Chapter 9 of the Qur'an - al-Taubah (Repentance) - is considered to be the final substantive revelation contributed to the Quran. The only surah (chapter) said to have been revealed after this is al-Nasr (Victory), which consists of only three short verses and says nothing new in terms of doctrine or law. That chapter 9 is openly militant and contains what are arguably the most controversial verses regarding Jihad in the Quran, while also being something to the effect of "God's closing statement, has served as an explanation for the expansionist and imperial form that Islam finally took by the time Muhammad died. The develops the narrative whereby the world is divided into the domain of believers (Dar al-Islam) and unbelievers (dar al-kufr) or war (dar al-harb), the latter of which must ultimately be conquered and transformed into the former. Modern Islamic movements that have emphasized the militant and imperial elements in Islam have drawn heavily on the 'conclusive' ideas presented in this Surah. Traditional scholars, while operating in a different context, also read the chapter in a similar way and generally agreed that it's expansionist/imperial message could be taken as abrogating any other verses in the Quran which can be taken to advance a non-expansionist/imperial ideal.
Criticism of the Quran
- Main Article: Contradictions in the Quran
While the Quran straightforwardly states that it consistent to a degree that evidences its own divinity, critics have argued argued otherwise, pointing out a large number of what would, in absence of extremely creative exegetical interpretations, appear to be contradictions that suggest a non-divine origin of the Quran. A large, polemical discourse has emerged around these and similar proposed contradictions which primarily takes the form of online articles, online videos, and Islamic evangelical preaching.
A common criticism of the Quran, as with the Hadith, is that it contains numerous scientific and historical errors, with no obvious attempts to differentiate its understanding of the natural world and historical events from the common folklore and misconceptions of the people living in 7th century Arabia. Modern responses typically appeal to metaphor, alternative meanings, or phenomenological interpretations of such verses. They also argue that the wording needed to be acceptable to people of its time. Critics typically argue that an all-knowing, perfect communicator would nevertheless have been able to avoid statements in the Quran that reinforced misconceptions of the time, caused future generations to have doubts about its perfection, and on a scale that critics contend is an overwhelming weakness.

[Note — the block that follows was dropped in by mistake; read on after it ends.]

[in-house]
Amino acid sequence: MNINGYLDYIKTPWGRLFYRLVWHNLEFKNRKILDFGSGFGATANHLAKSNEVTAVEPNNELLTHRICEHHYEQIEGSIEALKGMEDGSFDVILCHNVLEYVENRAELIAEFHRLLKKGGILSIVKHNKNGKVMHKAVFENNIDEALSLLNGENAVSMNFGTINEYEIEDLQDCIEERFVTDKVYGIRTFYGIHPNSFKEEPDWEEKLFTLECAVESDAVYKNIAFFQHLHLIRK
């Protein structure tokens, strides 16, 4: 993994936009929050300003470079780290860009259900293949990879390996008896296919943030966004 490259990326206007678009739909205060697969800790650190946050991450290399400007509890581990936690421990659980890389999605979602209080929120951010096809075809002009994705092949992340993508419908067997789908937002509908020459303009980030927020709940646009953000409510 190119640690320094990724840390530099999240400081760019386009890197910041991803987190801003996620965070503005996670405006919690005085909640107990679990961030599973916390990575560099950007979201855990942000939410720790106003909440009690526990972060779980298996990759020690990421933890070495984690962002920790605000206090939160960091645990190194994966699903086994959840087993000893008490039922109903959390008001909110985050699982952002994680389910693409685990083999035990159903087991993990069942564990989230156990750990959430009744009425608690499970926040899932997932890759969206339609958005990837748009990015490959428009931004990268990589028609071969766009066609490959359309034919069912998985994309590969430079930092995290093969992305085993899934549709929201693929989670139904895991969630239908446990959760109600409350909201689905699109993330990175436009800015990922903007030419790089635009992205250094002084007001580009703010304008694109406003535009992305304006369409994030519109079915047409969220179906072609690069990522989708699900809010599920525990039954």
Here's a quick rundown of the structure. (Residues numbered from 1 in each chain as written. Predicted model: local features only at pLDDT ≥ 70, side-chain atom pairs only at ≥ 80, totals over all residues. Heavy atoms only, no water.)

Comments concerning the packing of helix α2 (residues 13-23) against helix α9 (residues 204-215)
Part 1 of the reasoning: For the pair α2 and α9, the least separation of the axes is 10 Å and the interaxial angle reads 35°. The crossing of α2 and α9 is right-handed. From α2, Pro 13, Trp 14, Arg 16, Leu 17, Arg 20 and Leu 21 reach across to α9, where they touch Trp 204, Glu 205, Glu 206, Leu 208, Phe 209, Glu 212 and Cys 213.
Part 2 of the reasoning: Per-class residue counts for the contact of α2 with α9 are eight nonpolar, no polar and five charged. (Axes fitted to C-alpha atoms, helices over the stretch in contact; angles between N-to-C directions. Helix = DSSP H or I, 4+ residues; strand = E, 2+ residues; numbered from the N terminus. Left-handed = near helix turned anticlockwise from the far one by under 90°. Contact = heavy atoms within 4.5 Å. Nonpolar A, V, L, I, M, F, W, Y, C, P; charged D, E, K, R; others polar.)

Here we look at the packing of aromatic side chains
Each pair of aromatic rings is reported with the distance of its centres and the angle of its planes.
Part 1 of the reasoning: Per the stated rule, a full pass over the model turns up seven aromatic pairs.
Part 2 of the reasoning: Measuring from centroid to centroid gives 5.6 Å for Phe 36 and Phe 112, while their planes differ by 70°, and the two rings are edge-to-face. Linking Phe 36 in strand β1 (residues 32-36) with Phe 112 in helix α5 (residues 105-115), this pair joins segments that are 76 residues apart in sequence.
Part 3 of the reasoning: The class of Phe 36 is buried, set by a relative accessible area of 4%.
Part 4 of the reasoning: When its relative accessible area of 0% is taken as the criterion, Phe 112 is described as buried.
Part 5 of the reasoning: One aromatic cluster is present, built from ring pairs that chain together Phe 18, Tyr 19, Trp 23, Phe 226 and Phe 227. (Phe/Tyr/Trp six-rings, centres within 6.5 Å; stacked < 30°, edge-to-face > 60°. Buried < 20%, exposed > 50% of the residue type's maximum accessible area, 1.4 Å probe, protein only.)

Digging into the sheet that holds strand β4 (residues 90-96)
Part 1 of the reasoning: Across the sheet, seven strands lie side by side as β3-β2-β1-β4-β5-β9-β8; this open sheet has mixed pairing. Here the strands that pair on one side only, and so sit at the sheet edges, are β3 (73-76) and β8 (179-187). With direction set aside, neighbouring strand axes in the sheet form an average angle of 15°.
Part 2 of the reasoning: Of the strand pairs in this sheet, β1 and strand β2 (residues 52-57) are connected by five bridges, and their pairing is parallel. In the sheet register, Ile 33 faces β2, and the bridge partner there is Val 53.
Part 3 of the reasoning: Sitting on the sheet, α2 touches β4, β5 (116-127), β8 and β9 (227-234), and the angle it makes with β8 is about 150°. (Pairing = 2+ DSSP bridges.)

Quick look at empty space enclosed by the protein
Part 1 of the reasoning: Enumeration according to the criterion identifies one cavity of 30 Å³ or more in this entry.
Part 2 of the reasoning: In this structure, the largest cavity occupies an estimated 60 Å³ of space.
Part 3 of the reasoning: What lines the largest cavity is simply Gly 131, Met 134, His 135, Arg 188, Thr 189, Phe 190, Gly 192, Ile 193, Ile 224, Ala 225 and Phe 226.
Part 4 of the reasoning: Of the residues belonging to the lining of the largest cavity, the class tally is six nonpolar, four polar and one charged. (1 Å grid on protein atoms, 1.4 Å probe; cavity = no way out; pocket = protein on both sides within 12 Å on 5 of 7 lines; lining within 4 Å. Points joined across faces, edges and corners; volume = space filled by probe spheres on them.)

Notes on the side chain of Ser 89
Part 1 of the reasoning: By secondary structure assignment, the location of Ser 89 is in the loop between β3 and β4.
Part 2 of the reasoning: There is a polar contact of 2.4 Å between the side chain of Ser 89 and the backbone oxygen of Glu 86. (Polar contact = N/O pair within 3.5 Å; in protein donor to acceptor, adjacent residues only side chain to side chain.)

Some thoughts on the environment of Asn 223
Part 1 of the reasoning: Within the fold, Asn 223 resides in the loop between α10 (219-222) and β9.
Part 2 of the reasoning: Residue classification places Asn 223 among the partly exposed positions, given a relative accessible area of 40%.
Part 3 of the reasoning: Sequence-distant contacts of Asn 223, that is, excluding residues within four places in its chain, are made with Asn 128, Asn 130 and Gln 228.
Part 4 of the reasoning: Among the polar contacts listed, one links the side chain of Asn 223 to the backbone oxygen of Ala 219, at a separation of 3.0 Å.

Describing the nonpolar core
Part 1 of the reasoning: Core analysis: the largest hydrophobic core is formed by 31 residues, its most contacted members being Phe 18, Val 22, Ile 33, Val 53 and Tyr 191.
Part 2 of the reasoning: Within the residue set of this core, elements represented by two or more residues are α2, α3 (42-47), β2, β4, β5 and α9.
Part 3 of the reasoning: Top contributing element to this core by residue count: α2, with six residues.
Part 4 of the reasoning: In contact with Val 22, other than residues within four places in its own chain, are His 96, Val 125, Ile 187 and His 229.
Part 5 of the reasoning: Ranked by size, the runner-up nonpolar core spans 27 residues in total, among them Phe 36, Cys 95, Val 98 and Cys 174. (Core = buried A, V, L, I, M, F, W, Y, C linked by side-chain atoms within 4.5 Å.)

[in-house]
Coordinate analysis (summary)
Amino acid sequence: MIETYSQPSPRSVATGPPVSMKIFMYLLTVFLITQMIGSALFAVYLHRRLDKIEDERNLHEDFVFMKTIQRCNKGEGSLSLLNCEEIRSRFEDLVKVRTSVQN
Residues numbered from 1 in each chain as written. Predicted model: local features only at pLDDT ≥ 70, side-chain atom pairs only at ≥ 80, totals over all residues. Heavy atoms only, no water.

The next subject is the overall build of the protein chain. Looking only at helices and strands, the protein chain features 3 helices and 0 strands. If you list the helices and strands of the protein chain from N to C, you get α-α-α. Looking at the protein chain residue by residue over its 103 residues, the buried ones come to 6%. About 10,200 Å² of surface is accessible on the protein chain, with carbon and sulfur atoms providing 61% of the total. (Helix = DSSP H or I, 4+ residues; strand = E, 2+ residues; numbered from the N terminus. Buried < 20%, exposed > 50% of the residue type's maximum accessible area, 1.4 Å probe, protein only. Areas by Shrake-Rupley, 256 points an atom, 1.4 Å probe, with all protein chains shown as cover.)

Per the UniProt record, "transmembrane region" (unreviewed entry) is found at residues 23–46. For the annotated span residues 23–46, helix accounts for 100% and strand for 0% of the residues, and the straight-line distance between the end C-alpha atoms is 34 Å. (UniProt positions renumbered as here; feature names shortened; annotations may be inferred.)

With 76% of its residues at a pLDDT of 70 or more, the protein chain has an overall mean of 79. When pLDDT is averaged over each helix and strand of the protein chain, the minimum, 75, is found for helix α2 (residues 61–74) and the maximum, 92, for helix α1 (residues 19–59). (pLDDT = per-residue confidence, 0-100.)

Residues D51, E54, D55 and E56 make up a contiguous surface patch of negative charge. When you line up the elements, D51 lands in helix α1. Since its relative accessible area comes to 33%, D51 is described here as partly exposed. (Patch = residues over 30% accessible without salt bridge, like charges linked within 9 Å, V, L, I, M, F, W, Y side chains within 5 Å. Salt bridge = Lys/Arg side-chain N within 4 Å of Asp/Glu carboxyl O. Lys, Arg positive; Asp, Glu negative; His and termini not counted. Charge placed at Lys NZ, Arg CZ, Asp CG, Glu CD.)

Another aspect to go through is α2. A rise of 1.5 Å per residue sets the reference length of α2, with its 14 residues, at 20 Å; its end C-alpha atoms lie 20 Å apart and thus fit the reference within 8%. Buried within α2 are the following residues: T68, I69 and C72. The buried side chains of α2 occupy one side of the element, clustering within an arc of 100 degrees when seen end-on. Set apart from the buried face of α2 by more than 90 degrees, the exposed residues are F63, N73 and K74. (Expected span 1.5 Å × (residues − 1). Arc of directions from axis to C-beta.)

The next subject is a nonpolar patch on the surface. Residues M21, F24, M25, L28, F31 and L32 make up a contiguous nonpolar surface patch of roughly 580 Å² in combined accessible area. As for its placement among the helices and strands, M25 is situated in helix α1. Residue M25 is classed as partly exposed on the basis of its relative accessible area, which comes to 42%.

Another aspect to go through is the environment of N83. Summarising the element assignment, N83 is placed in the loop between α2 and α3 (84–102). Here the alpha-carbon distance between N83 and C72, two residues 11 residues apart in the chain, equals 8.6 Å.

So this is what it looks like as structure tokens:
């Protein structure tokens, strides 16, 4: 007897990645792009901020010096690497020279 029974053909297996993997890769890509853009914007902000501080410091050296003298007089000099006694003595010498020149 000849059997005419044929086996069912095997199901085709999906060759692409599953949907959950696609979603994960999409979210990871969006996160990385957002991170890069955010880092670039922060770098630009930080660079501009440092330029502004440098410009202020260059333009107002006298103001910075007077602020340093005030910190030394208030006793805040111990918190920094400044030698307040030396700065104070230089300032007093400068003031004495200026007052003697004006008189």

Misrepresentations of the Quran in English
Critics have argued that interpretations of the Quran in English in general, and particularly in evangelical and interfaith contexts, have distorted the plain meaning of the most controversial and troubling verses in the Quran while at the same time idealizing those verse which, when read a certain way, appeal to modern values, presumably to make it appear more acceptable to a Western audience.
Academic and Islamic modernist scholars have argued on the other hand that medieval Islamic scholars sometimes misinterpreted the original meaning of certain verses or claimed that they had been abrogated in order to fit the imperial political context of the emerging empire.
Verses most often claimed to be misused or misrepresented include Quran 5:32 (which regards murder), Quran 2:256 (which regards religious tolerance), Quran 2:195 (which regards participation in Jihad), Quran 8:61 (which regards military reconciliation), Quran 2:79 (which regards the 'corruption of previous scriptures'), Quran 4:3 (which regards the treatment of wives and orphans), Quran 2:190 (which regards defensive Jihad), Quran 4:129 (which regards the treatment of wives), Quran 109:1-6 (which regards pluralism), Quran 2:62 (which regards the salvation of 'people of the book'), and Quran 2:62 (which regards the extent of Jihad).
Mistranslations of the Quran in English
In some cases, published English translations of the Quran have opted for incorrect translations. Critics have suggested that this is for the same evangelical and interfaith-based reasons for which the scripture is often misrepresented in the first place. Translations with apparently deliberate errors include well known editions, such as the Yusuf Ali, Rashad Khalifa, and Muhammad Asad translations. Whereas scripture, critics argue, is frequently misrepresented in various contexts in the name of various levels of expedience, published mistranslations tend to deliberately err only in those instances where the original text poses a very acute challenge to Western values and sensibilities, particularly with respect to human rights and science. The verses most often distorted in published translations include Quran 4:34 (which regards wife-beating), Quran 67:5 (which regards the nature of stars, meteors, and/or comets), Quran 86:7 (which regards the origin of semen), Quran 21:91 & Quran 66:12 (which regard the birth of Jesus), Quran 3:52 (which describes Allah as 'the best deceiver'), and the various verses which employ the word qatal, which means 'kill', 'massacre', or 'slaughter'. The pages listed below cover some of these mistranslations individually:
- Main Article: Hadith